About Belgian Shepadoodle
The Belgian Shepadoodle brings the intelligence and loyalty of the Standard Poodle together with the super-energized and protective nature of the Belgian Sheepdog for a dog who makes an ideal watchdog and great family pet when properly socialized.
Belgian Shepadoodles bring the intelligence of a Poodle together with the protective nature of the Belgian Shepherd.
The Belgian Shepadoodle is considered a designer dog which means he likely dates back to the 1980s when the practice of mating purebreds to produce dogs that delivered the desired traits of the parent breeds – typically a healthier, smaller, hypo-allergenic or gentler form of a popular breed. With the Belgian Shepherd, he is the product of breeding a Standard Poodle and a Belgian Sheepdog (Belgian Groenendael) which is a variation of the Belgian Shepherd.
As a designer dog, the Belgian Shepadoodle is not eligible to join the American Kennel Club (AKC) however the Poodle side of this dog is a long-time member having joined the “non- sporting” group back in 1887. And while the Belgian Shepherd name is not recognized by AKC, the four varieties that make up this breed are and they include: the Belgian Groenendael, the Belgian Tervuren, the Belgian Malinois and the Belgian Laekenois.
The Belgian Shepadoodle is an active dog who will require a nutrient-rich kibble specifically designed for his size, age and activity level. Because this dog can suffer from joint issues later in life, avoid free-feeding which could lead to obesity and exacerbate this health issue. Two to 3 meals throughout the day with a quality food that is low in filler to avoid over-eating to feel full, is the ideal choice. Poodles can be prone to digestive issues so avoid high fat meals.
Belgian Shepadoodles are loyal, protective and quick to bark if they feel necessary.
The Belgian Shepadoodle comes from highly intelligent breeds that are quick to pick up commands however the independent Shepherd side of this dog may result in a challenging training period. Because extensive socialization and obedience training for this dog is crucial to him becoming a good family member, owners should consider a professional trainer if things aren’t progressing. With this big boy, you will need to take a firm, consistent, rewards-based approach with lots of praise and treats of your choice to get the results you are looking for.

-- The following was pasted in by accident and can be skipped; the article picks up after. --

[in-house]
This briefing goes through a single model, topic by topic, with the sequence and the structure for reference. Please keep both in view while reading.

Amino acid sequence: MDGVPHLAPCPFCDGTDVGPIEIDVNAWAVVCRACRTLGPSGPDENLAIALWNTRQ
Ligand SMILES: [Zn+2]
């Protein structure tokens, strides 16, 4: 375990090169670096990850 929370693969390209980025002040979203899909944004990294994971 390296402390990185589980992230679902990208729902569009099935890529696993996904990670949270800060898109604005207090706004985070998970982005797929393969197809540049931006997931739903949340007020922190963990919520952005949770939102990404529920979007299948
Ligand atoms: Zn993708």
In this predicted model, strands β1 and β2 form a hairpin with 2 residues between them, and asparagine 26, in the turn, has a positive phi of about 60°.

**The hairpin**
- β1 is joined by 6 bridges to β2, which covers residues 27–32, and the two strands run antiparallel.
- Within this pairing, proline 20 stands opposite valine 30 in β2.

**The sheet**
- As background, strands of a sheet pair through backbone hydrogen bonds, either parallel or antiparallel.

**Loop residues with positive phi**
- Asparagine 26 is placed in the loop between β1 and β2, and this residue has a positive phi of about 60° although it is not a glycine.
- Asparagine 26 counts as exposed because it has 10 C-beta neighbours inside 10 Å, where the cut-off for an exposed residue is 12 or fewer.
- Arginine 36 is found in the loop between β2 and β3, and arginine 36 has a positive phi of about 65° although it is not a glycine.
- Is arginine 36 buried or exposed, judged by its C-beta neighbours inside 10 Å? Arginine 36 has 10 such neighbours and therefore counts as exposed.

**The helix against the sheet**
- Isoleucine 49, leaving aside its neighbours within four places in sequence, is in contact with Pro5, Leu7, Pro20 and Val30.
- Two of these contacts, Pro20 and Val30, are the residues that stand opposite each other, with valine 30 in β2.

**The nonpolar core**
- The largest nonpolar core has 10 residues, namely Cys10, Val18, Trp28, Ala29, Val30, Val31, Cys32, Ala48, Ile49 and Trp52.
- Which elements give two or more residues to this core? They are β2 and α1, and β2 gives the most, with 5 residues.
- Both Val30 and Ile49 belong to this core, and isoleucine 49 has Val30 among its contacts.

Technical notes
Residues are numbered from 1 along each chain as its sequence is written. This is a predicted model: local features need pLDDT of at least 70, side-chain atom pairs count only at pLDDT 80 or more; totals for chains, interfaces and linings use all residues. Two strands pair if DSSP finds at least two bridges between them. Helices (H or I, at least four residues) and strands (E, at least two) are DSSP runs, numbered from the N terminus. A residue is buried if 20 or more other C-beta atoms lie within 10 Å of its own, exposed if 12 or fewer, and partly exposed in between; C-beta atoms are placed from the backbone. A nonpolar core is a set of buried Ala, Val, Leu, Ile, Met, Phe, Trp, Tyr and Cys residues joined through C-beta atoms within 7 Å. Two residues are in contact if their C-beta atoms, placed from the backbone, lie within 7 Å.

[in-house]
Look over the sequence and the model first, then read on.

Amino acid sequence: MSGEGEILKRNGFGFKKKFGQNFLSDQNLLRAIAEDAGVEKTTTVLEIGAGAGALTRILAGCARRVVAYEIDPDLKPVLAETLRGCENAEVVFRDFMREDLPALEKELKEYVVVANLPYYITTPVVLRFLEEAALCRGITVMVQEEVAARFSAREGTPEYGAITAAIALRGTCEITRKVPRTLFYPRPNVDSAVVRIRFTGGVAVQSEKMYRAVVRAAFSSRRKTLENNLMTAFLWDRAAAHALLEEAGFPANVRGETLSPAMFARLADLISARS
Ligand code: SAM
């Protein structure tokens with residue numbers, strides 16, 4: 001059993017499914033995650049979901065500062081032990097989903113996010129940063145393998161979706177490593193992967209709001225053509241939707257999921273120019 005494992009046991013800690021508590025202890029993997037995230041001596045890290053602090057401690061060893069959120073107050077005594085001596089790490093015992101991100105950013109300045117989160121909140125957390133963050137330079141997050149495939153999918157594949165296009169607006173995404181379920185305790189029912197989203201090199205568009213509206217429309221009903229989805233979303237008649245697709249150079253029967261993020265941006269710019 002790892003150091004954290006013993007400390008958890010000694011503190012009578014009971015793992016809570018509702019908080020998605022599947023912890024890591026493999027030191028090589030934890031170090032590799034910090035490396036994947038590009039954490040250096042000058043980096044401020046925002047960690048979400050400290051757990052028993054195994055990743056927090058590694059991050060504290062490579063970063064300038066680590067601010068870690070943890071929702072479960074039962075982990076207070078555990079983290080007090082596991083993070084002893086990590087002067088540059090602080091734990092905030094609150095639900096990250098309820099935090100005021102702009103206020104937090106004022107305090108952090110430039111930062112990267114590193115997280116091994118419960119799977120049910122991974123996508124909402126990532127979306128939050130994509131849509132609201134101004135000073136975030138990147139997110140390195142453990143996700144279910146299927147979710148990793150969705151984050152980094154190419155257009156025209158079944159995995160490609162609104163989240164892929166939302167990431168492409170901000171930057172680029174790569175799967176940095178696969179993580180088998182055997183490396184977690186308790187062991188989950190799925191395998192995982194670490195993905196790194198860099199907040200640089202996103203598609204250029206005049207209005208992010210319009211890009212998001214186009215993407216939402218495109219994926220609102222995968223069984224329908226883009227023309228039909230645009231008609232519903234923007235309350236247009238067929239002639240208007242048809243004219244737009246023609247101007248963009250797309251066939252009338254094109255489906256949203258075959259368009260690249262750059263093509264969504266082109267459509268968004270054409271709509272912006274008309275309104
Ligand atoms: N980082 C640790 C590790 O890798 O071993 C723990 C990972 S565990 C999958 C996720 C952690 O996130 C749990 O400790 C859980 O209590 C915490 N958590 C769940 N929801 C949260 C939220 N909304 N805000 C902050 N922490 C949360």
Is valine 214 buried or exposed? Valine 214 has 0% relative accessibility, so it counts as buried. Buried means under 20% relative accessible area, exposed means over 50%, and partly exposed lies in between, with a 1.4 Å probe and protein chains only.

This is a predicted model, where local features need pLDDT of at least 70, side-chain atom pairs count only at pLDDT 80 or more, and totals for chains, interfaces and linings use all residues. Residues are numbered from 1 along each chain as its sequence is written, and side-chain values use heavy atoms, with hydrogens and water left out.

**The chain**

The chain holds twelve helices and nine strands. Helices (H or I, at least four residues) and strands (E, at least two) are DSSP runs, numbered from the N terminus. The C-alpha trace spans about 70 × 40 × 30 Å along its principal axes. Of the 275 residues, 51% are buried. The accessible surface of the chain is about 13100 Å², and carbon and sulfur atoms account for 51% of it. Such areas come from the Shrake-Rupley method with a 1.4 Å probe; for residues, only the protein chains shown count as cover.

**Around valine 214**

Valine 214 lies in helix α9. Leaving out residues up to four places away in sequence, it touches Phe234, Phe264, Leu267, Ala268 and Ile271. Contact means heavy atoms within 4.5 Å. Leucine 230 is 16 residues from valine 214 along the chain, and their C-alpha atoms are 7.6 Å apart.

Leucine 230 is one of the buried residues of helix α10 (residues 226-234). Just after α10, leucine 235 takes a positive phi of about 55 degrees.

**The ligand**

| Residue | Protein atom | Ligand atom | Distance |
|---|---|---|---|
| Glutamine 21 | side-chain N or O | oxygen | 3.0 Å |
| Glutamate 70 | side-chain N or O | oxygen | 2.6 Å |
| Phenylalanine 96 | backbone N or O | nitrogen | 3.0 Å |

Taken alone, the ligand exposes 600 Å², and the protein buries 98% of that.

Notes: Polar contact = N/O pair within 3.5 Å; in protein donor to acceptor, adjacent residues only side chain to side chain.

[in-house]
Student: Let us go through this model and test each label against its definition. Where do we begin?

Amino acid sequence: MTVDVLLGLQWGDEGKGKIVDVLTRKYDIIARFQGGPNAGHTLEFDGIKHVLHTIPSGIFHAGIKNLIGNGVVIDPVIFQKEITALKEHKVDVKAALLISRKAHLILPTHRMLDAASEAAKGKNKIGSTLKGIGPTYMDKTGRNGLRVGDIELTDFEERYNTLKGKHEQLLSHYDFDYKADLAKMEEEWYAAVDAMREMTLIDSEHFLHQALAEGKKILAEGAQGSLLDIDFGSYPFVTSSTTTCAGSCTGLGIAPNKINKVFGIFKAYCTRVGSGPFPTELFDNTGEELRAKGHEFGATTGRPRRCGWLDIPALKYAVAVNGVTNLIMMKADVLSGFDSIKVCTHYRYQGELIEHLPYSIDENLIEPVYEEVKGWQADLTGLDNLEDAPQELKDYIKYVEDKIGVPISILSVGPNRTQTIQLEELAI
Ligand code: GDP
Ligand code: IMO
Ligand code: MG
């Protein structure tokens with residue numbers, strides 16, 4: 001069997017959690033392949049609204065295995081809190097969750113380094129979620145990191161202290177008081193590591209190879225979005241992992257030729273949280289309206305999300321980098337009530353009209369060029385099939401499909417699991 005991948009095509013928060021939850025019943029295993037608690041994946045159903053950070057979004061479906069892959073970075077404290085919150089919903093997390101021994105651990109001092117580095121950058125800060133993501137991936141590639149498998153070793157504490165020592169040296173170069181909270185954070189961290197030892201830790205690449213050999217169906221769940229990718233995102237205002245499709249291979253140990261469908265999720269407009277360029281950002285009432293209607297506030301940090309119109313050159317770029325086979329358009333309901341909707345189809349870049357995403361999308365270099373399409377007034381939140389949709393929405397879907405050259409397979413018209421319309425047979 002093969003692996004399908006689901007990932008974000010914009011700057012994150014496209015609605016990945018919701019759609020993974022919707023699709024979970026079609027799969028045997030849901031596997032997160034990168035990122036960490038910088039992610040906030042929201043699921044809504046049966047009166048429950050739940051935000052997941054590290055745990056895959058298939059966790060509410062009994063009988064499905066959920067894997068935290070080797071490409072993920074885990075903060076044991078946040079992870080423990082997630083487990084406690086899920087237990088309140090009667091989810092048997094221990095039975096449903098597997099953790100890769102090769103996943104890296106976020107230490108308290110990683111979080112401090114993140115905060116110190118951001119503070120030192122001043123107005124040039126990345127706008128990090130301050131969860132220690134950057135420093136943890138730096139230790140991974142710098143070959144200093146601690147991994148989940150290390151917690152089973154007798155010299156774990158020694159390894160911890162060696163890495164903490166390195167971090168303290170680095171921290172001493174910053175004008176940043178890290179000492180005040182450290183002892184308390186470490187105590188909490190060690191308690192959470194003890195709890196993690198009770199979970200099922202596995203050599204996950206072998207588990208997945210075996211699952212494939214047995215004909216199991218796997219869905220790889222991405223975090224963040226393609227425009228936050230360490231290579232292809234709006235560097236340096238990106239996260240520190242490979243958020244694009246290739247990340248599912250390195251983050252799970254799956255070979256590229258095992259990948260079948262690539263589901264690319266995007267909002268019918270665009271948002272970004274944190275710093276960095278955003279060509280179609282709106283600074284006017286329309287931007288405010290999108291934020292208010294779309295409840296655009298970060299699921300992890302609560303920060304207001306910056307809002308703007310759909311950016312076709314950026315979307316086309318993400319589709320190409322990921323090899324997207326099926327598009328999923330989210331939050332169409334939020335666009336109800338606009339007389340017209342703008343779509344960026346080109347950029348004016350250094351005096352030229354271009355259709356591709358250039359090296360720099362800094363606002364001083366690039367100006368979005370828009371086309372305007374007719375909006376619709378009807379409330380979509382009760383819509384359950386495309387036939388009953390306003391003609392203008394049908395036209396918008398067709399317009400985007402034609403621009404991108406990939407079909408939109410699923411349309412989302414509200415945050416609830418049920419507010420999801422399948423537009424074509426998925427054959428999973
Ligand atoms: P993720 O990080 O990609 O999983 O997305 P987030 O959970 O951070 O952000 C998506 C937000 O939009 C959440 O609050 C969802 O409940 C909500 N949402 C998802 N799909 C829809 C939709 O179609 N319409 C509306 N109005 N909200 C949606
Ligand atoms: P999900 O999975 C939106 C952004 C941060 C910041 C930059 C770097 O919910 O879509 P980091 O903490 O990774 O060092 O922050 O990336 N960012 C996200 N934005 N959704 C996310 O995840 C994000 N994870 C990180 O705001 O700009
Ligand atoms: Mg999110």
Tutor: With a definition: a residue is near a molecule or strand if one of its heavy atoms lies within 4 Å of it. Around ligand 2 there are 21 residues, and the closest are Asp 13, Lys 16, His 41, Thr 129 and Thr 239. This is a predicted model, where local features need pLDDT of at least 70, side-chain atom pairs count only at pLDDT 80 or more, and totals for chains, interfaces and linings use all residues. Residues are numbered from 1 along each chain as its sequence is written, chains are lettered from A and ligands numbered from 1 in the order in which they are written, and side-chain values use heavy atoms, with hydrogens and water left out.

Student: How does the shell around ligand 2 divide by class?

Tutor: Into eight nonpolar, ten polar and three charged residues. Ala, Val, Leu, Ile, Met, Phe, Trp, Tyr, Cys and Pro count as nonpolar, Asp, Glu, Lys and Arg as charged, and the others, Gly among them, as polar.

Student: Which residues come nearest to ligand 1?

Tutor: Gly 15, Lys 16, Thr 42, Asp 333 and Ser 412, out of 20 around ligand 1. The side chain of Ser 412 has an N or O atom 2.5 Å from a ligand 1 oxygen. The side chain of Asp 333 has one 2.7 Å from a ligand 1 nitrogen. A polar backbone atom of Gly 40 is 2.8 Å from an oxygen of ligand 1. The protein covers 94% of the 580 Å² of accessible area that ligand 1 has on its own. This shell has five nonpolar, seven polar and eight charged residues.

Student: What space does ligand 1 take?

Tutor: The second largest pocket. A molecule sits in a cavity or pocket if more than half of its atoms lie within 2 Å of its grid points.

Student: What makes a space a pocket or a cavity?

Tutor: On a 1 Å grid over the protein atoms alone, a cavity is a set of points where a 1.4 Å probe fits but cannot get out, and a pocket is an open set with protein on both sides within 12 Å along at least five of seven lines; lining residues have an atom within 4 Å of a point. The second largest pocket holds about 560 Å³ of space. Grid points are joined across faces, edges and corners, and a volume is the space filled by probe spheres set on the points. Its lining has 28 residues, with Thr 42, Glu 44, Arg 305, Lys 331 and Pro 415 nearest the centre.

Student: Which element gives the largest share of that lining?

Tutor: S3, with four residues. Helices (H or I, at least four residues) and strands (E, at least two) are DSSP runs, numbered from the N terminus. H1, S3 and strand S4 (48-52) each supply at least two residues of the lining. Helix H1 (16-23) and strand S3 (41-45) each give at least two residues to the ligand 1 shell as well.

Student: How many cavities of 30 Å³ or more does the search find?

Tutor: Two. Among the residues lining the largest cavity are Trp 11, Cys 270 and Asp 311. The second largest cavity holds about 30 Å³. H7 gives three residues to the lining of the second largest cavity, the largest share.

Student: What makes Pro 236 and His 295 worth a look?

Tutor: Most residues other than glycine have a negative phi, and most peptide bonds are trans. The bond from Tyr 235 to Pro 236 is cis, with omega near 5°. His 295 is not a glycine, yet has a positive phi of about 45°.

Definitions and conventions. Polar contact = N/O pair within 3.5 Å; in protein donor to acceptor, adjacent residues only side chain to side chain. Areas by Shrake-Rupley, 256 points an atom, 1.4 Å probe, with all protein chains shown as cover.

The weight of a Belgian Shepadoodle typically ranges between 45 to 60 pounds.
Belgian Shepadoodles are loyal, protective and quick to bark if they feel necessary – so great potential watchdogs. They come from two breeds that can become destructive if bored or left on their own for long periods making them a better pick for families where one member works from home. While they get along with children and other pets, socialization is an imperative as aggression toward unknown dogs is not uncommon. Their loyal, sensitive nature means this dog should never be relegated solely to outdoor living – he needs human, interactive companionship.
Common Health Problems
Typically, a designer dog will by-pass many of the health issues known to plague his pure-bred parents however you should always be aware of what your new pup could inherit. For the Belgian Shepadoodle, that can include elbow and joint issues, hip dysplasia, bloat and hypothyroidism.
You can expect your Belgian Shepadoodle to live to between 12 to 14 years.
The Belgian Shepadoodle is a highly active dog that needs owner dedication to long daily walks and regular outdoor play. A fenced yard is ideal for helping this energetic boy burn off energy while interactive toys and puzzle games will help keep him mentally stimulated and prevent the destructive behaviors that can come with this breed when he becomes bored. No off-leash dog parks for this fellow as he has a high tendency to wander away.
The Belgian Shepadoodle’s loyal, sensitive nature means he should never be relegated solely to outdoor living.
The Belgian Shepadoodle is not recognized by the American Kennel Club however he is recognized by the Dog Registry of America, Inc. (DRA).
Your Belgian Shepadoodle can pick up the soft, curly coat of the Poodle or the coarser, medium-length coat of the Belgian Shepherd and either way, he will be a low- to moderate-shedding dog. Brushing 2 to 3 times per week and bathing only as needed should keep the hair in check with infrequent visits to the groomer to keep his coat in shape. Because he will typically have folded or floppy ears, regular cleaning to remove dirt and debris should be done to prevent infections.
Belgian Shepadoodle pups may inherit some of their pure-bred parent health issues including joint issues, so when exercising or leash-training care must be taken to not over-stress tiny joints. Additionally, the Belgian Sheepdog Club of America participates in the Canine Health Information Center database so your breeder should be able to provide proof that the parent Belgian Shepherd has achieved CHIC certification. This little guy needs extensive socialization to become a great dog, so start early.
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Sharing space with three seriously judgy Schnoodles and two felines who prefer to be left alone. #LivingMyBestLife
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